Employee productivity (sometimes referred to as workforce productivity) is an assessment of the efficiency of a worker or group of workers.
Productivity may be evaluated in terms of the output of an employee in a specific period of time. Typically, the productivity of a given worker will be assessed relative to an average for employees doing similar work. Because much of the success of any organization relies upon the productivity of its workforce, employee productivity is an important consideration for businesses.
Approaches to improving productivity:
The capacity for collaboration has always been important for productivity. In the early days of the corporate network, email and video conferencing provided productivity gains and lowered costs. Newer mobile collaboration tools make it much easier for geographically dispersed employees to work together. Tablets, smartphones and laptops let users connect with colleagues anywhere, at any time.
According to proponents, the BYOD (bring your own device) trend makes employees more productive. Because employees are working on devices that they own and are used to, they're likely to use them more often. The devices are mobile by definition, so whether an employee is taking notes in a meeting, reviewing documents during a commute or preparing the next day's agenda while watching television, he can accomplish more in a way that doesn't impact his personal time as significantly as it would if he had to work from a desktop computer.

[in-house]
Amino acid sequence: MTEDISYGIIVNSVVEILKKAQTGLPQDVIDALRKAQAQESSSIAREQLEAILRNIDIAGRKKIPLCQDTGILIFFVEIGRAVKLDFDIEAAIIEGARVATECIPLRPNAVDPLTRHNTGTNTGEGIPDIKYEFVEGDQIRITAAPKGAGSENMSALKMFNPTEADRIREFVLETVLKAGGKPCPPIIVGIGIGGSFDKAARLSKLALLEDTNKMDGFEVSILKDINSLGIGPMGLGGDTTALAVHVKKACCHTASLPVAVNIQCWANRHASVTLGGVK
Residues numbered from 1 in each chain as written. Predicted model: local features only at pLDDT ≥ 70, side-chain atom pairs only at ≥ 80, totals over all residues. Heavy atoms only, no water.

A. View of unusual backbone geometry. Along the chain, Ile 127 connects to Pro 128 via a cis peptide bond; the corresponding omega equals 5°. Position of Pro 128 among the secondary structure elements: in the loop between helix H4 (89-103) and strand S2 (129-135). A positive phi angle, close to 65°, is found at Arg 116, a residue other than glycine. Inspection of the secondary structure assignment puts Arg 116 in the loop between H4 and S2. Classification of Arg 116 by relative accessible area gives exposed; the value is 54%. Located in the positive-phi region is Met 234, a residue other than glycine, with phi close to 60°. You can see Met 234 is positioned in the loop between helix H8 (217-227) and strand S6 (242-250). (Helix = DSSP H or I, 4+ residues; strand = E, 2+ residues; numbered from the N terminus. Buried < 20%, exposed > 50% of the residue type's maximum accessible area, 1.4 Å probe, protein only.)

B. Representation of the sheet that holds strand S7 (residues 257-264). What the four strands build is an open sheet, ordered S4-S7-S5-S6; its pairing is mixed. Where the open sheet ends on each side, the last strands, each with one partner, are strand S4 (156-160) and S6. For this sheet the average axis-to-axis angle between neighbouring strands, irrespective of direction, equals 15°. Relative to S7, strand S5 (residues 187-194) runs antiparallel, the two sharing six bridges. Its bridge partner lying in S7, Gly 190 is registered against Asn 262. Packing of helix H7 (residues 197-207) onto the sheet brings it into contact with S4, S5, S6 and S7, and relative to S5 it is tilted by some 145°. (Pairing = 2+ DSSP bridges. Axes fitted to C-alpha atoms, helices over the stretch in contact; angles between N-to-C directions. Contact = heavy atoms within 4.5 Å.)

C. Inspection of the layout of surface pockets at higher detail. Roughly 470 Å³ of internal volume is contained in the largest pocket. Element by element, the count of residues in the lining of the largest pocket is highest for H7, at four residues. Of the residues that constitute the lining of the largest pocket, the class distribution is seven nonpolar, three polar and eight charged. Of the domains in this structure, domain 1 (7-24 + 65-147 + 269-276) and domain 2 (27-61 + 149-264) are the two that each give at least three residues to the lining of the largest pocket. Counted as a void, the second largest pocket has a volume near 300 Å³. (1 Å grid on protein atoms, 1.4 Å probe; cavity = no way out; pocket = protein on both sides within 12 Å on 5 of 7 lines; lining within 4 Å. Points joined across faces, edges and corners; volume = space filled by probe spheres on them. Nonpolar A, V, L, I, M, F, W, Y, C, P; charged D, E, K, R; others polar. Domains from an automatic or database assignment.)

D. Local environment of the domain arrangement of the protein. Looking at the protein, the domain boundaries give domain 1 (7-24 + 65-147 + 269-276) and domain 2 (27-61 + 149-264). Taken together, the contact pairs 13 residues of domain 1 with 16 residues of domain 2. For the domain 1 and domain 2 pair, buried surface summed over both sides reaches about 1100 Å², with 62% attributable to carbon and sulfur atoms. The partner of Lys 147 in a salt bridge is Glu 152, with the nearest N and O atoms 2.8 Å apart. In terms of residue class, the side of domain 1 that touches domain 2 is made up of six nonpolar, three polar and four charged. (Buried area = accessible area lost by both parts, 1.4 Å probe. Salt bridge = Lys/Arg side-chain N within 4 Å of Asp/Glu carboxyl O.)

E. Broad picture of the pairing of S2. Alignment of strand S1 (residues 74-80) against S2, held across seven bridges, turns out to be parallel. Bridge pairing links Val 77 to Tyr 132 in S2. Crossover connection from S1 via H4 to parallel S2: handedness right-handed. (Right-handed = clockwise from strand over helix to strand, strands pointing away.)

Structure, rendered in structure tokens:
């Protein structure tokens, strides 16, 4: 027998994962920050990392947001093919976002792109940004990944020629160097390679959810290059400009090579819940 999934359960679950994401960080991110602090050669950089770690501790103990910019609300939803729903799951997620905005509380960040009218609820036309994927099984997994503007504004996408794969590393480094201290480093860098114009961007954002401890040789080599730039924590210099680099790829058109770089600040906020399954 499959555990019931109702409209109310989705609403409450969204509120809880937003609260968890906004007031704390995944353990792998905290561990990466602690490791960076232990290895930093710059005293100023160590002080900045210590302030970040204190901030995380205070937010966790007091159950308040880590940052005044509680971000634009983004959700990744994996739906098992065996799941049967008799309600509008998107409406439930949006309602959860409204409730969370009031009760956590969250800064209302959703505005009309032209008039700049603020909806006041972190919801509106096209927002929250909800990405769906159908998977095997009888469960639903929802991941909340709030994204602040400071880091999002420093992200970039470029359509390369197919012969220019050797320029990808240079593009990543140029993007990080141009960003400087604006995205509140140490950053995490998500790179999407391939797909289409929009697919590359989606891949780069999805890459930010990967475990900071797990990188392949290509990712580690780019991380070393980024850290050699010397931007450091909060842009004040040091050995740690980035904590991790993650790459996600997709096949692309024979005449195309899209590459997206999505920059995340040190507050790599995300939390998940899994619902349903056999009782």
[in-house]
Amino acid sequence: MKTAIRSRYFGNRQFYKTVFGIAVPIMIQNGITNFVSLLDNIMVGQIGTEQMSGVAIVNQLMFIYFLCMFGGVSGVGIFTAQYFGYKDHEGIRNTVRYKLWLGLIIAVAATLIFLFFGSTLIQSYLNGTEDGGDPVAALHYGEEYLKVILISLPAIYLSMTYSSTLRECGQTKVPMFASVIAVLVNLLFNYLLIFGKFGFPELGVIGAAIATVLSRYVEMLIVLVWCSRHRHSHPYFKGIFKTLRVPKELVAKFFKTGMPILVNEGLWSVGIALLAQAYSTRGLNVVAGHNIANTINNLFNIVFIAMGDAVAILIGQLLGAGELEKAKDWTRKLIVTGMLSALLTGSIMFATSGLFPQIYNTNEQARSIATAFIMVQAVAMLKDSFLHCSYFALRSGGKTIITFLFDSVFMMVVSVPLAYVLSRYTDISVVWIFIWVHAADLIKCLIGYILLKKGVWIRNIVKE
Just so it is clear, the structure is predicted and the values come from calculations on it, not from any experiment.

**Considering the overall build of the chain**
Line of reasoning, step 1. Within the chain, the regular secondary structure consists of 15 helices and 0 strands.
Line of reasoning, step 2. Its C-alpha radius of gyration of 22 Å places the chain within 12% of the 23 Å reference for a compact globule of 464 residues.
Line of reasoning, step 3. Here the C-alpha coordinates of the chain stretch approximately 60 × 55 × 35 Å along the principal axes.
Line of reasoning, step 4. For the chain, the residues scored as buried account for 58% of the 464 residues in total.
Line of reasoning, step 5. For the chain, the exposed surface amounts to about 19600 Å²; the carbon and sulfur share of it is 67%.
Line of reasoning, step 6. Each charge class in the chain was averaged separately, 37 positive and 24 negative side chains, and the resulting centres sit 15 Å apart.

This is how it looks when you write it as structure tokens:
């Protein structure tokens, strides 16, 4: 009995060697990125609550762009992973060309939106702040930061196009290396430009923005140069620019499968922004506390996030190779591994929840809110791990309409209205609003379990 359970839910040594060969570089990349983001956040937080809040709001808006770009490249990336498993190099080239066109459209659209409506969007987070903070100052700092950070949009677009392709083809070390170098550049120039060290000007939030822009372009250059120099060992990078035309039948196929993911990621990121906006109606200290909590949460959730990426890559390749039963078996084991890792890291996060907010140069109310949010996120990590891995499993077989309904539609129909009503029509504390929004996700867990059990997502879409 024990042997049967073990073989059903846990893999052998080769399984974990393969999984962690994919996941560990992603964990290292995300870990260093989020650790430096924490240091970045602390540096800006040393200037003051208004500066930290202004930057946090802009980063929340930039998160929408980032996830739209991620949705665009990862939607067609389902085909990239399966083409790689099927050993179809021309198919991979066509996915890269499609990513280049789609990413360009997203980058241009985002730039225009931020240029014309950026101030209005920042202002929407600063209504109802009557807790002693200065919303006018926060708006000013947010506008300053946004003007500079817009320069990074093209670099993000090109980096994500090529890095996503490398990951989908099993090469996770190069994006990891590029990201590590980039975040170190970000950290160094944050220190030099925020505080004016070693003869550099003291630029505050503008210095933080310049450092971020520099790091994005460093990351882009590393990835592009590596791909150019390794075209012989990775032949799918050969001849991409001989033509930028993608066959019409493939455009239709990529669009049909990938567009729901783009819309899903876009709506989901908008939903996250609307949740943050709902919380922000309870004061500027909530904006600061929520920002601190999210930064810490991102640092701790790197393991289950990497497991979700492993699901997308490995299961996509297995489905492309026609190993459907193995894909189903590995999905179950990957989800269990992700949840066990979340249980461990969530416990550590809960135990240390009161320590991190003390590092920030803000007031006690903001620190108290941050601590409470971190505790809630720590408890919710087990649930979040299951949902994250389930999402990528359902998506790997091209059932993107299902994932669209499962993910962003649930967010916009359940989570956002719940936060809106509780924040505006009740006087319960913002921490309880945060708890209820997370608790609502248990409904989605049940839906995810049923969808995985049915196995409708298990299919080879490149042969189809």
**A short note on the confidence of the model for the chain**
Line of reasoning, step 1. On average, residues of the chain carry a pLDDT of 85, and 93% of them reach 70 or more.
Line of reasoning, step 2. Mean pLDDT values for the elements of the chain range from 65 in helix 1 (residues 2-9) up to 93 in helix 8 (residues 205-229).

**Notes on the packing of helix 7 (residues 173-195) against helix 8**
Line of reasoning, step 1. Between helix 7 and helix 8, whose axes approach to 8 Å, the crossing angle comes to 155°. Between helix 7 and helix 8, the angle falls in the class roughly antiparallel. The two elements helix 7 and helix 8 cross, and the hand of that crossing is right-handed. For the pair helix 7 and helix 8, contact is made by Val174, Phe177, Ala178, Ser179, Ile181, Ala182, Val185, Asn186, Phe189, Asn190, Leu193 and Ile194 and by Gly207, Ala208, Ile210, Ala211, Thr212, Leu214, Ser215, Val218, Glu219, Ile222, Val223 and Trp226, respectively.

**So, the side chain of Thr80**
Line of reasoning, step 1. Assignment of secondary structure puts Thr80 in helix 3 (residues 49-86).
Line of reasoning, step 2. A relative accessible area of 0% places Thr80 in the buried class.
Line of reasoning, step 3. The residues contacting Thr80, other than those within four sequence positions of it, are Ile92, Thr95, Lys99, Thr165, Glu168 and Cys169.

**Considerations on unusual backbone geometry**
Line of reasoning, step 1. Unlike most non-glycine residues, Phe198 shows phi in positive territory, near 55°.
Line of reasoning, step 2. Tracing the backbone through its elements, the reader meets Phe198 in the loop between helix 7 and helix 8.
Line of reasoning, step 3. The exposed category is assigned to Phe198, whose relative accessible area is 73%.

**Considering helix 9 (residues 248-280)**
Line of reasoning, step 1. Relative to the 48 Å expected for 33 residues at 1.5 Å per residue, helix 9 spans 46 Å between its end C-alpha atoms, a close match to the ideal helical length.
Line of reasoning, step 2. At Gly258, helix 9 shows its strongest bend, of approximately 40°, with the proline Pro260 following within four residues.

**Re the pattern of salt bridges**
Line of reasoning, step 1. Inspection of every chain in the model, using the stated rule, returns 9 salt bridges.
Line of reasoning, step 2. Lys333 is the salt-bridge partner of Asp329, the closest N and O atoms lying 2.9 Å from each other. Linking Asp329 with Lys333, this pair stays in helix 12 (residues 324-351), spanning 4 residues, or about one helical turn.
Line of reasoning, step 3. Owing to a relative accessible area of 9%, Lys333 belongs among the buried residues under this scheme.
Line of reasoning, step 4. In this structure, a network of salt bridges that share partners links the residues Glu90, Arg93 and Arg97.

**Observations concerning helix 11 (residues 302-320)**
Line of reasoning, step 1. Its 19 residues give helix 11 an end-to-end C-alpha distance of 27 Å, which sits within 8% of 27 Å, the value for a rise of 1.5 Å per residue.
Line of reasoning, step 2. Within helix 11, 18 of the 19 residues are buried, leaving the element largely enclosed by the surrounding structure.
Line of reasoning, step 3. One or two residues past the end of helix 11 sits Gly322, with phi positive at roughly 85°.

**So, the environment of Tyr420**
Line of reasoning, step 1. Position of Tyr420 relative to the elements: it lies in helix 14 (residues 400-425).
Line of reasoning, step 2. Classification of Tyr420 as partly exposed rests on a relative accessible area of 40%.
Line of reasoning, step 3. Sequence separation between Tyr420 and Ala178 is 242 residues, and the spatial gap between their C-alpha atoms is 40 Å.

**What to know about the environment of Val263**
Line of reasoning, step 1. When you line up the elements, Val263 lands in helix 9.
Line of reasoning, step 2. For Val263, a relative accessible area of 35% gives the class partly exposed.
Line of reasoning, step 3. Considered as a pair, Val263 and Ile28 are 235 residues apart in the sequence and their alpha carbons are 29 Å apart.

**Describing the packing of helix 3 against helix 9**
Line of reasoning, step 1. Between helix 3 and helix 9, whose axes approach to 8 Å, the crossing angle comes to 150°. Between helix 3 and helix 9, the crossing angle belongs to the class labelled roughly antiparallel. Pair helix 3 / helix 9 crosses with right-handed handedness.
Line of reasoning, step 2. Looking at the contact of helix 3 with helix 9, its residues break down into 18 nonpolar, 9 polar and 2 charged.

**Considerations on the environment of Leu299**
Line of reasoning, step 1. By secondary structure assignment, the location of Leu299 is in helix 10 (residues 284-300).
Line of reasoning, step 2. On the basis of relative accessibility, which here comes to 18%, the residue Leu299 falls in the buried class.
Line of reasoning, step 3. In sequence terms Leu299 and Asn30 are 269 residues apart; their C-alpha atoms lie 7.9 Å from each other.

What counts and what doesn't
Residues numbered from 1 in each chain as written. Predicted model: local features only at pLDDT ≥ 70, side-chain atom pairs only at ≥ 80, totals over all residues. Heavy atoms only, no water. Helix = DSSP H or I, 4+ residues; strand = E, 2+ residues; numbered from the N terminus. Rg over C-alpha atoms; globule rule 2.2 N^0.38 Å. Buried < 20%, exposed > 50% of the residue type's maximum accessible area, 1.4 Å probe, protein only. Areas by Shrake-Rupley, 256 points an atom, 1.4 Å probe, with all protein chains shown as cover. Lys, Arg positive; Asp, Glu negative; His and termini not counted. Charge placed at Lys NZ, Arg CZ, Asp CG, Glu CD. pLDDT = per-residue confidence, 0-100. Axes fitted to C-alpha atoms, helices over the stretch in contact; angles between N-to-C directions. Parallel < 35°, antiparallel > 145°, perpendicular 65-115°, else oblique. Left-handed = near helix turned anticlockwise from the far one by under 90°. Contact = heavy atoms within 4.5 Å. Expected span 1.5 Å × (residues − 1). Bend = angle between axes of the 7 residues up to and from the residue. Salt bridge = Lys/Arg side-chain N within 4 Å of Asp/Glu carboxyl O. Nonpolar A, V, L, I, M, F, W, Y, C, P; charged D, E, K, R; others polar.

Simultaneously, however, constant connectivity and the rise of social networking have made it easier and more tempting for employees to waste time on the job. To prevent online time-wasting (sometimes called cyberslacking), some organizations monitor employees or limit the sites they can access from the corporate network.
Email processing consumes a significant portion of many employees' time, estimated to be about 30 percent of a lot of knowledge workers' jobs -- more if email is not efficiently handled. Effective email management practices can lessen email's negative impact on productivity. Such practices include limiting the number of email processing sessions each day and limiting the amount of time spent per session. Some also organizations limit the hours during which email is accessible on the corporate network.
Email management is just one approach to limiting the number of interruptions an employee encounters in the run of a day. At the University of California at Irvine, researcher Gloria Mark found that, on average, workers are interrupted every 3 minutes and that it takes 23 minutes after even a very brief interruption to return to the original task. Interruption science explores the impact of disruptions on productivity.